(1) “ENTER TITLE HERE”
Entering a title in the box is simple enough, but note these guidelines:
(VISUAL EXAMPLE FOR PARTS 1 & 2)
* keep titles as short as possible—don’t include information that’s already contained in the post
* for events (most of our posts) use the following format: TOWN HALL 2/7/17 @ 7PM **note that for events like Town Halls where there are a variety of themes, you should NOT include the topic in the title, as this should be the first line of text you include in the post body (more details on this below)
* you can use capitalization of your choosing, but you really don’t worry about it – the theme automatically capitalizes the whole title
(2) CREATE YOUR POST CONTENT
* for events like Town Halls where the post title only says “TOWN HALL” and not the topic of that particular event instance, the very first line of text should be the topic name with a space between each letter (e.g., “H O M E L E S S N E S S”), which you should then set (from the drop-down box at the top left of the editor tool bar) that title as HEADING 1, and if there’s also a subtitle, include that on the next line as HEADING 3. Then compose the rest of your post content.
* use the tool bar at top to choose a font size from the drop-down box (“paragraph” is the default for normal text); bold or italicize; insert a link by highlighting the text you want to be your link, clicking the chain icon, and then typing in the destination URL; or create a bulleted (or numbered) list
* if the post is to announce something where the information is coming from a flyer, be sure to include all textual information (including a list of sponsors, participant businesses, etc) that is found on the flyer because (a) in many cases, inclusion of the sponsors is required by DONE; (b) text contained in a flyer image is not searchable even if the flyer is used in the post (though in general, readability of the site is increased by leaving off the flyer, or most of it, and using text on the page rather than forcing people to read text on a graphic that may be too tiny anyway, especially from mobile devices—text resizes on mobile devices; images must be zoomed in on and panned around on); and (c) for accessibility reasons, so that the site’s built-in language translation feature can translate all of the information, and so page readers for the blind can likewise convey all information contained in the post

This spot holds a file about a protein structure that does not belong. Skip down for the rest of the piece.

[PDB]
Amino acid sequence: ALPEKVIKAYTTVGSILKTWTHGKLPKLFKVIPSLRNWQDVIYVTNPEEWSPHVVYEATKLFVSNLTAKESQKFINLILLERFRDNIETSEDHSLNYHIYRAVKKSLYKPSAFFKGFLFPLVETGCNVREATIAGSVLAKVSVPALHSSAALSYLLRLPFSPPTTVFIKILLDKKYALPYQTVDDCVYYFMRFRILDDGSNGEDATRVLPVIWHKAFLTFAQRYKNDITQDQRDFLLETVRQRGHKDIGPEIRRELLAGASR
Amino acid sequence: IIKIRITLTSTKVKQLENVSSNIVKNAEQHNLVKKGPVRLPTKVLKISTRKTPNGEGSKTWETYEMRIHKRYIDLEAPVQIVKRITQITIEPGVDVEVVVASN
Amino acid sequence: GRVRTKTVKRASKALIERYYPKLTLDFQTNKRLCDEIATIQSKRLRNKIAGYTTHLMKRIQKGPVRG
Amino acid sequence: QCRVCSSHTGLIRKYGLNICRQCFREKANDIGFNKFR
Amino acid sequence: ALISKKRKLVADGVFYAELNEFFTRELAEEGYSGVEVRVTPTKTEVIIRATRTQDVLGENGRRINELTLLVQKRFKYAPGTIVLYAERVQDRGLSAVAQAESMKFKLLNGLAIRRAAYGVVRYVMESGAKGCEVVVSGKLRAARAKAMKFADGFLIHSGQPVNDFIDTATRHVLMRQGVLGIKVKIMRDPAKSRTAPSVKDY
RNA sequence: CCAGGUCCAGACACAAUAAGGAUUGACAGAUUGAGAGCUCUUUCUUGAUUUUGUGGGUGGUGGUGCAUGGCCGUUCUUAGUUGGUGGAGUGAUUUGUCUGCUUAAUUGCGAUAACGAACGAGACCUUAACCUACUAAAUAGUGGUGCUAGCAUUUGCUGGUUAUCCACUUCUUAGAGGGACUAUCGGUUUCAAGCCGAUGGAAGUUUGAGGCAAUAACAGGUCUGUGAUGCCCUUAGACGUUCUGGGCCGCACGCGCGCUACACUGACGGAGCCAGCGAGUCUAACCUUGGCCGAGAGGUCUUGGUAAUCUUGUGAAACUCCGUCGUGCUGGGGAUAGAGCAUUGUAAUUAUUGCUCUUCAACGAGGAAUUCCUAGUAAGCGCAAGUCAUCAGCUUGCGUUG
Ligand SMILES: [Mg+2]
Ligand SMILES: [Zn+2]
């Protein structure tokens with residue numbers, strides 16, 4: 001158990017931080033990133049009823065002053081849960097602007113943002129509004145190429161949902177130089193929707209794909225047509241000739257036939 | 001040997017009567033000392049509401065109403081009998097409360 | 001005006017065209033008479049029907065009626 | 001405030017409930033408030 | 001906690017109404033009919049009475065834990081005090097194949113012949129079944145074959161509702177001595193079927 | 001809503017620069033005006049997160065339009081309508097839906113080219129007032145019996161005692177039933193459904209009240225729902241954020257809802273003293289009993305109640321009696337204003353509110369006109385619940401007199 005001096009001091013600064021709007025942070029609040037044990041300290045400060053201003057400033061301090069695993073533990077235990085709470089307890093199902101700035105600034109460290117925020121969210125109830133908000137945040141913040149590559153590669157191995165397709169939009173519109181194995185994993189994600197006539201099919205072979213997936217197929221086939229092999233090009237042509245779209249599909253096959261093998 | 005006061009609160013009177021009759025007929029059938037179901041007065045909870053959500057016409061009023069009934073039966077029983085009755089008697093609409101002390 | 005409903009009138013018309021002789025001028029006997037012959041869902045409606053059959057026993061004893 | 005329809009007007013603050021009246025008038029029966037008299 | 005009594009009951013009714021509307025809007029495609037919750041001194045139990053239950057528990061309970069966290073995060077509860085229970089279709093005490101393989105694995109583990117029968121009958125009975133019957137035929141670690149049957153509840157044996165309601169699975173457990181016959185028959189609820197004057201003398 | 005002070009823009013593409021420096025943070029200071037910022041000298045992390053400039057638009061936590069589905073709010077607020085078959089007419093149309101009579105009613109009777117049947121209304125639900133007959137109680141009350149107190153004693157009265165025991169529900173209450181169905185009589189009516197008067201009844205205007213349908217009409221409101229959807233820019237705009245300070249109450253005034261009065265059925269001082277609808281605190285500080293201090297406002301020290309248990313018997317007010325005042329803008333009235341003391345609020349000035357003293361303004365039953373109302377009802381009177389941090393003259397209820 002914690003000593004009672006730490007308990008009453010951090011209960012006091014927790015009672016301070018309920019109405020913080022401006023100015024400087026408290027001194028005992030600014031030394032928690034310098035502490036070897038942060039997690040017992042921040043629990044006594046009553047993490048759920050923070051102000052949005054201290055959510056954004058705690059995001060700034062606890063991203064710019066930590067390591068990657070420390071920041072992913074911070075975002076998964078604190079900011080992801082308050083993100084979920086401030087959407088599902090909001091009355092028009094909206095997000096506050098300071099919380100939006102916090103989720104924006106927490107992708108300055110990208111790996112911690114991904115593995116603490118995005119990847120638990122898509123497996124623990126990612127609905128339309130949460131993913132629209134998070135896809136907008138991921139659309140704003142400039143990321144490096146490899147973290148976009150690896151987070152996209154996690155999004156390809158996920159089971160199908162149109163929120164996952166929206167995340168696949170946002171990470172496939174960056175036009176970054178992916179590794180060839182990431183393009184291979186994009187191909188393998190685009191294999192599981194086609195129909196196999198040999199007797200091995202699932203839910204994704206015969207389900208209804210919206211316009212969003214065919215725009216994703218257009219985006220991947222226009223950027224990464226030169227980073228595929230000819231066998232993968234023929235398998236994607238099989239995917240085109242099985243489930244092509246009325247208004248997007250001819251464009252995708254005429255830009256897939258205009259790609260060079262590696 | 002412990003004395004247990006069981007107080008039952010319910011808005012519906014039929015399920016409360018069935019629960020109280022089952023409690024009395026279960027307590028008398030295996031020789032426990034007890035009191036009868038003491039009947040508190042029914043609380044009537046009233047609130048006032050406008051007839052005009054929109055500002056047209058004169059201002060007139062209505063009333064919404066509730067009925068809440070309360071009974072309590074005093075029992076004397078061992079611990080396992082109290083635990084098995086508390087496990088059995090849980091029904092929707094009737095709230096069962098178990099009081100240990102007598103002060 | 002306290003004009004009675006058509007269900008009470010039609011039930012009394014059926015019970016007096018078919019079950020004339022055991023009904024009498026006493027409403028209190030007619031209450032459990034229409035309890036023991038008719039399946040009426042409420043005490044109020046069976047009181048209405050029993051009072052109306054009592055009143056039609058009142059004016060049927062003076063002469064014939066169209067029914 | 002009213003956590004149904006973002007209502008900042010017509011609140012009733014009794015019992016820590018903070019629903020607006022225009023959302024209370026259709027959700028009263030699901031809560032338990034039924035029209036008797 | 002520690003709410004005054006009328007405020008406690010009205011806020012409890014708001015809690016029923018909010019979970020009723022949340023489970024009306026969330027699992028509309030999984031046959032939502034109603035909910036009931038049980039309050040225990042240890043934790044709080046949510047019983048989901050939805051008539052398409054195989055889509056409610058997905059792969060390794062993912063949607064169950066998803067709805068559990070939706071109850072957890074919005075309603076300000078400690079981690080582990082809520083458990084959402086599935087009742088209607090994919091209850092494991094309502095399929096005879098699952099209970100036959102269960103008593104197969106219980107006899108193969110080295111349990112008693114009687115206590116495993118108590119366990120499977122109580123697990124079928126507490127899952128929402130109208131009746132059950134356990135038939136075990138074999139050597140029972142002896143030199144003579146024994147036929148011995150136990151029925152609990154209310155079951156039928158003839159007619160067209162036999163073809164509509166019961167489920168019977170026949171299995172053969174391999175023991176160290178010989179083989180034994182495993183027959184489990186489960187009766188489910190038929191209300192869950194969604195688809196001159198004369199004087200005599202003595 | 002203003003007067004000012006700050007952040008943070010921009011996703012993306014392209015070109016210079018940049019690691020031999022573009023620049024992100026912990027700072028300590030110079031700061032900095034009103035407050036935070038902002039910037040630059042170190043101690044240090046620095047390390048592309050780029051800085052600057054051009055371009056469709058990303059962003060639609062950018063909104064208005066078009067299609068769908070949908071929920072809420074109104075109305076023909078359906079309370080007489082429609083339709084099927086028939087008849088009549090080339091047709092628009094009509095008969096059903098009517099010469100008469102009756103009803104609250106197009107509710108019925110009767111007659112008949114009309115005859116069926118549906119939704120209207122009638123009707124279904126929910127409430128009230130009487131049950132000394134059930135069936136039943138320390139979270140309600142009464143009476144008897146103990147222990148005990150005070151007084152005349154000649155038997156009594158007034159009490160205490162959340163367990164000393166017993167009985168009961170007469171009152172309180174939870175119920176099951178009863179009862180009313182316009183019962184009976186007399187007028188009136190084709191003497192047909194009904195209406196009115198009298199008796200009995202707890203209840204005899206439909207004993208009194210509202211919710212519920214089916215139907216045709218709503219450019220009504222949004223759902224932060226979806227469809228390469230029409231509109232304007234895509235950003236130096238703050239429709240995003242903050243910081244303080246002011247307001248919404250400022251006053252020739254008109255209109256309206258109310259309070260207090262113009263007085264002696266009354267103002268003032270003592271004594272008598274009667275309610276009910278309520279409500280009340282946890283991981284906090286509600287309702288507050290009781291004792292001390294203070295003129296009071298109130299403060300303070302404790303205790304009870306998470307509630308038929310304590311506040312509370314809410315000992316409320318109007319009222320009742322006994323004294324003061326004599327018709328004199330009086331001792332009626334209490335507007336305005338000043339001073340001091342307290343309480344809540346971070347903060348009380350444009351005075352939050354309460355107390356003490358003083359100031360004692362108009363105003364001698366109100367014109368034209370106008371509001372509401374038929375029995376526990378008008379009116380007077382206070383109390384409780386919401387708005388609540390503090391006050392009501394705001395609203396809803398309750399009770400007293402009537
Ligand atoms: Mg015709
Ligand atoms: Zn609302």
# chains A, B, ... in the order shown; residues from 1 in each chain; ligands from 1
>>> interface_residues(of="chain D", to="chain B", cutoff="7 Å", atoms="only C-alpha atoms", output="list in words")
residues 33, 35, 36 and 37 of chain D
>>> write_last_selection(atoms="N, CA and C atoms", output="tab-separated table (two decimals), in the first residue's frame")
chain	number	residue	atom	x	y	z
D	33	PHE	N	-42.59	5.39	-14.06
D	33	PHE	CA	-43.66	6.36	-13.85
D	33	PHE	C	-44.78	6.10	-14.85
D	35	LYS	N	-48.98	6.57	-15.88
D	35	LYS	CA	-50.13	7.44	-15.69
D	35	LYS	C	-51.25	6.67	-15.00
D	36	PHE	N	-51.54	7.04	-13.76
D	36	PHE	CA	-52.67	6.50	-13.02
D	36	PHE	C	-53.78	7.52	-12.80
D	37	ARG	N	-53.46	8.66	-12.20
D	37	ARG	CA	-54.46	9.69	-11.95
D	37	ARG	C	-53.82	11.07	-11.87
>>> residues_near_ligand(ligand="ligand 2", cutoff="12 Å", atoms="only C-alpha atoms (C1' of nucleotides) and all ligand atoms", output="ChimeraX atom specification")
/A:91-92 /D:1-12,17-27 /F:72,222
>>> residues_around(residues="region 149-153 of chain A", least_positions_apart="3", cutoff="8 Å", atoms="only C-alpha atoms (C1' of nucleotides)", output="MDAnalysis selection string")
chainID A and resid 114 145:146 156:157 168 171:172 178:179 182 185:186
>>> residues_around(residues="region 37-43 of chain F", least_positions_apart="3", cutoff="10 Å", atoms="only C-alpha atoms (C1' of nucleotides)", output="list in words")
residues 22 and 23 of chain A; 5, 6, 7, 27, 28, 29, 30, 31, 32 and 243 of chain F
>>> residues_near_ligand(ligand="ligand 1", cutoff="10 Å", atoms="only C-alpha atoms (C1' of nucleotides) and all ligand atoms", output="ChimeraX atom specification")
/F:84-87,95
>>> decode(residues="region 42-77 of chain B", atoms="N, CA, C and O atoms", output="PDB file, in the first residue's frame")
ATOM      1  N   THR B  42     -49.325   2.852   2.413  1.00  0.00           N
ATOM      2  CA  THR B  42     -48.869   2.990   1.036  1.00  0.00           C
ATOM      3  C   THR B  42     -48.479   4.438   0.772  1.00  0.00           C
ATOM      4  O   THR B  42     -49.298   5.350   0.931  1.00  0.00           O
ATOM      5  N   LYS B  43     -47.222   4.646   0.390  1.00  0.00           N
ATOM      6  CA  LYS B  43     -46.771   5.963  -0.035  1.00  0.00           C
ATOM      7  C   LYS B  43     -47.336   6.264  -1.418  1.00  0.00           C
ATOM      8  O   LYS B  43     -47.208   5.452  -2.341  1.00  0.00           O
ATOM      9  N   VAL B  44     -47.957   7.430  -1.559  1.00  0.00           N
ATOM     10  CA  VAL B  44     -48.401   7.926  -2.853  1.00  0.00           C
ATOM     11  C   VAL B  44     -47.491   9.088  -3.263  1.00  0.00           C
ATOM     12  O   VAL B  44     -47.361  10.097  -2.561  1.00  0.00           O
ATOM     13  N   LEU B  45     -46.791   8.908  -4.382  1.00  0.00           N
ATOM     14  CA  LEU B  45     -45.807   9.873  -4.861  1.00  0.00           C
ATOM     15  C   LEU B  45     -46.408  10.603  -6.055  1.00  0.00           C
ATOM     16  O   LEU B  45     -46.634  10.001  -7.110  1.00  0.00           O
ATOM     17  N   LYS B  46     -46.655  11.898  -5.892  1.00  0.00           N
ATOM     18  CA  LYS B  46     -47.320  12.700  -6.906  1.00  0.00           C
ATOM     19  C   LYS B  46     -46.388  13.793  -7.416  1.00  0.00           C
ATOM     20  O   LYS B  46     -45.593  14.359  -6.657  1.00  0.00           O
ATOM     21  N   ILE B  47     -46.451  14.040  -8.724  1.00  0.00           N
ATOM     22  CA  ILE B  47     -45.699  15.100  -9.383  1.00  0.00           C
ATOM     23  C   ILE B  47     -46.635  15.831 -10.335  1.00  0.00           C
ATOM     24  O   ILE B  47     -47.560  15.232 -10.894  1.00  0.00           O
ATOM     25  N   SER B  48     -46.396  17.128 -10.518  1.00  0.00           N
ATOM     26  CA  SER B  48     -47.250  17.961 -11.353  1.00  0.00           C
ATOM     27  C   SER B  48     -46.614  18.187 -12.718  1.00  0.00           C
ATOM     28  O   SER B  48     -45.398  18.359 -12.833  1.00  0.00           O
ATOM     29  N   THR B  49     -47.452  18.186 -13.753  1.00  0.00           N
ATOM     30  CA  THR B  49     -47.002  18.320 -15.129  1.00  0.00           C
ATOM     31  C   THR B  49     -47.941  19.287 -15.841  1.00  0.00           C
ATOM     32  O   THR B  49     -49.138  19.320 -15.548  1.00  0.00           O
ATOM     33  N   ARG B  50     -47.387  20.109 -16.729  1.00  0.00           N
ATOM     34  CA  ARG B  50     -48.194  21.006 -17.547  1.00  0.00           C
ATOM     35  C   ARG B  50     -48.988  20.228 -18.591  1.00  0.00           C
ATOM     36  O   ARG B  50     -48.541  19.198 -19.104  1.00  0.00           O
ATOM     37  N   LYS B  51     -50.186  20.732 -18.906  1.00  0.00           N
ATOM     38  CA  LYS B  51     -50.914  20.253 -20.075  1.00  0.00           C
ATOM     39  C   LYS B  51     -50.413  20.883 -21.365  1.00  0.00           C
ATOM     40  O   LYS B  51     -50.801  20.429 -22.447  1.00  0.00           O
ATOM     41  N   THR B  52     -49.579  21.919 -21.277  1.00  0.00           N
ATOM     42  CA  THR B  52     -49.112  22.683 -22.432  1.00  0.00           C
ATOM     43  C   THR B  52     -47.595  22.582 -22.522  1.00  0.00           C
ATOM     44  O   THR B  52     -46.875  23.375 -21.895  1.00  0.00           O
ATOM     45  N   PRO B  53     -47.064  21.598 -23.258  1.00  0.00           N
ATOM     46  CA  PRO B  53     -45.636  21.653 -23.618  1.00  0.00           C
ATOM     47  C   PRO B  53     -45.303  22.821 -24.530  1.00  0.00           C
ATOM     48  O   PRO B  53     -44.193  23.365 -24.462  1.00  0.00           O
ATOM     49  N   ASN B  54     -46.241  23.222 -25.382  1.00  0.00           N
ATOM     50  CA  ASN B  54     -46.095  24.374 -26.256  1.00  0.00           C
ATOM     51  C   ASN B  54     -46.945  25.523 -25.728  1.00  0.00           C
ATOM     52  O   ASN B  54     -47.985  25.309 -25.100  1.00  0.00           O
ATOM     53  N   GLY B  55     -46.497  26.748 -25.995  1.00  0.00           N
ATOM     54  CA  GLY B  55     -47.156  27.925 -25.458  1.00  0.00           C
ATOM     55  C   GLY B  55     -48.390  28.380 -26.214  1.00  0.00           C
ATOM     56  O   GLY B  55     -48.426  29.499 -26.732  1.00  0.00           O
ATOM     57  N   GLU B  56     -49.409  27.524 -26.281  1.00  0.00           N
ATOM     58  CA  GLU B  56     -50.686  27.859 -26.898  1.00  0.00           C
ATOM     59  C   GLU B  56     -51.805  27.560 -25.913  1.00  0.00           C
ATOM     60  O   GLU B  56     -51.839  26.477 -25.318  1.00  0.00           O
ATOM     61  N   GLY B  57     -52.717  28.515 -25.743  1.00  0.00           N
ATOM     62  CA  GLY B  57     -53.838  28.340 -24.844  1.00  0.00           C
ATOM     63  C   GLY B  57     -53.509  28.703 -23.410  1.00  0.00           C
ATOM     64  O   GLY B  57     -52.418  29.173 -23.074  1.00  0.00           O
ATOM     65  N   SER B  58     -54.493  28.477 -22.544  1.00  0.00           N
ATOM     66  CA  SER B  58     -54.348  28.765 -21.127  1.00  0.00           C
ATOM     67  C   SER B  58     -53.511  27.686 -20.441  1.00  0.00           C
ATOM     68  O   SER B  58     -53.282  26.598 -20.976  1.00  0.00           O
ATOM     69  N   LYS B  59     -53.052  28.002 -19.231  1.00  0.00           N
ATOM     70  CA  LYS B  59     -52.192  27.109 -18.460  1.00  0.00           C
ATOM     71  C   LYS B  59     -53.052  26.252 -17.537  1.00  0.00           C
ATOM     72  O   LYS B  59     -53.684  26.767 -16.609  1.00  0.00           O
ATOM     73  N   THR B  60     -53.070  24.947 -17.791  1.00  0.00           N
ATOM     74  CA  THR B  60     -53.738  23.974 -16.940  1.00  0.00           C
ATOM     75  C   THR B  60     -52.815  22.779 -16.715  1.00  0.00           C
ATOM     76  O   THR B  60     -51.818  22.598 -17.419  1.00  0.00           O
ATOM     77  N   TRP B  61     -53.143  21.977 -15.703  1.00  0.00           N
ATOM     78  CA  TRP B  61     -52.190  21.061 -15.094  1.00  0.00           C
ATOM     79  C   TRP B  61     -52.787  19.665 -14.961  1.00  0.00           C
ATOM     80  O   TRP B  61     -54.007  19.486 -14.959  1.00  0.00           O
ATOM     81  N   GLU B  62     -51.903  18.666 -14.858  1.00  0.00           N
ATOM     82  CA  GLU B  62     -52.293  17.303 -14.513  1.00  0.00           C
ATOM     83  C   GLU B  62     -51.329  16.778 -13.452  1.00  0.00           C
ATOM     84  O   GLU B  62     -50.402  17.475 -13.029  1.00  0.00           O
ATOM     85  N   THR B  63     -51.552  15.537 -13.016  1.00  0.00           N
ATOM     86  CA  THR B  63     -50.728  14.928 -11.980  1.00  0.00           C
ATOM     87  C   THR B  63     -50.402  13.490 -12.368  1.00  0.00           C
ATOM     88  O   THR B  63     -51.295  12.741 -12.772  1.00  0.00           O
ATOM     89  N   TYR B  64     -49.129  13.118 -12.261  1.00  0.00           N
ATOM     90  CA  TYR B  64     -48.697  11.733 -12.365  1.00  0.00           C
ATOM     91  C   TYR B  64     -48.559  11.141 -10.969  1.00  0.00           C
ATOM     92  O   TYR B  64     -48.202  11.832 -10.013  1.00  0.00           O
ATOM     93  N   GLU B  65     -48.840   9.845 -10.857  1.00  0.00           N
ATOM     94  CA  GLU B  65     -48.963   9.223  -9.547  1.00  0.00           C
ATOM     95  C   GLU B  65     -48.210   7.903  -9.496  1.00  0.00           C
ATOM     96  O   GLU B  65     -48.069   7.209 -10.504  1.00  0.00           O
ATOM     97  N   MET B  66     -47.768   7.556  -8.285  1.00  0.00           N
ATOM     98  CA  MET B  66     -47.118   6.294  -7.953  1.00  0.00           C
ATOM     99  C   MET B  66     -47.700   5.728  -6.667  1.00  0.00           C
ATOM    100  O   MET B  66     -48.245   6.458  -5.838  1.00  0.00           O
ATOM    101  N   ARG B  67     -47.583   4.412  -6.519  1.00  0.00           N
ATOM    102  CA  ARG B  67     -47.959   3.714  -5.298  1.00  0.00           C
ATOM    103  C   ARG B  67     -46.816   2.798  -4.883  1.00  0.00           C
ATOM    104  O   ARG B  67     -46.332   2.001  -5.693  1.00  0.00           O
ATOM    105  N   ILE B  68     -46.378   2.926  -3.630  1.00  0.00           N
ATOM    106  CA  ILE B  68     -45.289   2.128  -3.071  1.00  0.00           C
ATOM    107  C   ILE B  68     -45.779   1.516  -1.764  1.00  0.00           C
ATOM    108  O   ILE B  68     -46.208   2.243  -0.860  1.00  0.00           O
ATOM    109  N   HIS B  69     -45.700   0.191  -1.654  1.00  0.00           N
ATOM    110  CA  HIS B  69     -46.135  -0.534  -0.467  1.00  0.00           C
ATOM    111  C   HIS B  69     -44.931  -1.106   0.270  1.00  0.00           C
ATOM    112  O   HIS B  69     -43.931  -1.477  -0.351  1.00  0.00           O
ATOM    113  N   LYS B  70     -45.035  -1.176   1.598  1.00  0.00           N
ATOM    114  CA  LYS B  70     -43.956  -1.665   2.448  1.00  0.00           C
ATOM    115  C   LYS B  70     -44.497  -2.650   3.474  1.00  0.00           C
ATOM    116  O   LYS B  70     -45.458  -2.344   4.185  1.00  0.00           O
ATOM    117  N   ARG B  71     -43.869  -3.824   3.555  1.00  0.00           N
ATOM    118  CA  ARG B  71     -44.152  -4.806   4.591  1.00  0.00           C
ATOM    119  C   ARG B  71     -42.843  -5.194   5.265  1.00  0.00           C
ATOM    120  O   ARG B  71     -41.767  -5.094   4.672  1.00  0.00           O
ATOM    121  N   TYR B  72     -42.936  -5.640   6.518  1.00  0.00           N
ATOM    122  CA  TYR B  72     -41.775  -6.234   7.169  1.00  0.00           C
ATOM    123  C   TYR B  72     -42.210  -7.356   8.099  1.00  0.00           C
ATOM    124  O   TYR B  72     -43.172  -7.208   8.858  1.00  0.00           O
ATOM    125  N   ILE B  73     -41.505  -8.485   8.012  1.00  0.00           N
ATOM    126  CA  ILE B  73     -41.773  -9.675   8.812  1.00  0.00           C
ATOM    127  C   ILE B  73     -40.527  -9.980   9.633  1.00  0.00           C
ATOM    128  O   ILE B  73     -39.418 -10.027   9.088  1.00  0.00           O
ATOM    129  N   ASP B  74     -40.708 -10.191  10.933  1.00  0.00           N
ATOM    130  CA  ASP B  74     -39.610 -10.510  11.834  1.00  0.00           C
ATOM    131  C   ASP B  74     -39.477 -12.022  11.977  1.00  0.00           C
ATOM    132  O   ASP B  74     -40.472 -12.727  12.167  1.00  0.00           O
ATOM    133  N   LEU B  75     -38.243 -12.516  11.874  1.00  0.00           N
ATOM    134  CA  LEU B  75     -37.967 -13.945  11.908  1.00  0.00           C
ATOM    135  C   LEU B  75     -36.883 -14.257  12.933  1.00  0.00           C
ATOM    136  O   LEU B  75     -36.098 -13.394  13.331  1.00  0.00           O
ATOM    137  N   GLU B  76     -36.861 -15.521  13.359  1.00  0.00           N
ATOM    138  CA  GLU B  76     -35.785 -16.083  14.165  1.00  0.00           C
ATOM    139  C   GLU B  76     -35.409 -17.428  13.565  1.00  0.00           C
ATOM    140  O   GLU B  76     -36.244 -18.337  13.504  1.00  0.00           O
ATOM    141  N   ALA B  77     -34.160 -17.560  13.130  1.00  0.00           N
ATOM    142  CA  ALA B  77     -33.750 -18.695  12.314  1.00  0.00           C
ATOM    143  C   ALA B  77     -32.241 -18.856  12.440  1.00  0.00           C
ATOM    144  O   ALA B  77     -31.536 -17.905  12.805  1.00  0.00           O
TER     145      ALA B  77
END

(3) INSERT IMAGE(S)
OF COURSE THEY’RE ALL DIFFERENT! :\
* after you’ve composed the text of your post, hit [ENTER] after the last line of text to put your cursor on the next line, then you can add image(s) in one of these ways:
* This theme does not support any special post format features, so don’t change it, just leave it on Standard. Nothing will happen if you change it, though. The theme has no special code for those other formats.
ALWAYS select ONE category for your post
* gpnc event: announcing event (meeting, town hall, forum, QA, discussion, cleanup etc) that is hosted by us (even if co-hosting with GPIA or council districts)
* community event: announcing any event not hosted directly by us
* general / misc: everything else goes in this category (and this is the default category if you don’t change it)
* You’re probably familiar with tags already. Hashtags are what people usually call them because you notate tags with a # symbol before them on twitter and instagram. But in WordPress you don’t use the # symbol, you just type in the tags, each tag is separated by a comma. So if you want to tag a post with the tags “Town Hall” and “Homelessness”, you type into the tags box:
Town Hall, Homelessness
* BUT… Because many of the tags you may want to use have probably already been used before, it’s important that before you go typing tags into the box, you first click on “Choose from the most used tags” and if there’s a tag you were going to use, just click on it. This keeps our tag cloud functional, and prevents us from having the tag “gpnc” assigned to some posts, “glassellparknc” assigned to others, and “glassell park neighborhood council” assigned to yet others. The purpose of a tag is to allow a site visitor to click on that tag and instantly pull up a feed of every post that has ever been tagged with that topic. If there are 2 or 3 different versions of a tag, the visitor would have to click multiple times (and scroll through the posts related to each, before switching to the other) to see all the content related to that entity, and visitors simply won’t do it, so they won’t find what they’re looking for, and this defeats the entire purpose of having tags to make our site easy to navigate. So use “Choose from the most used tags” EVERY TIME!!!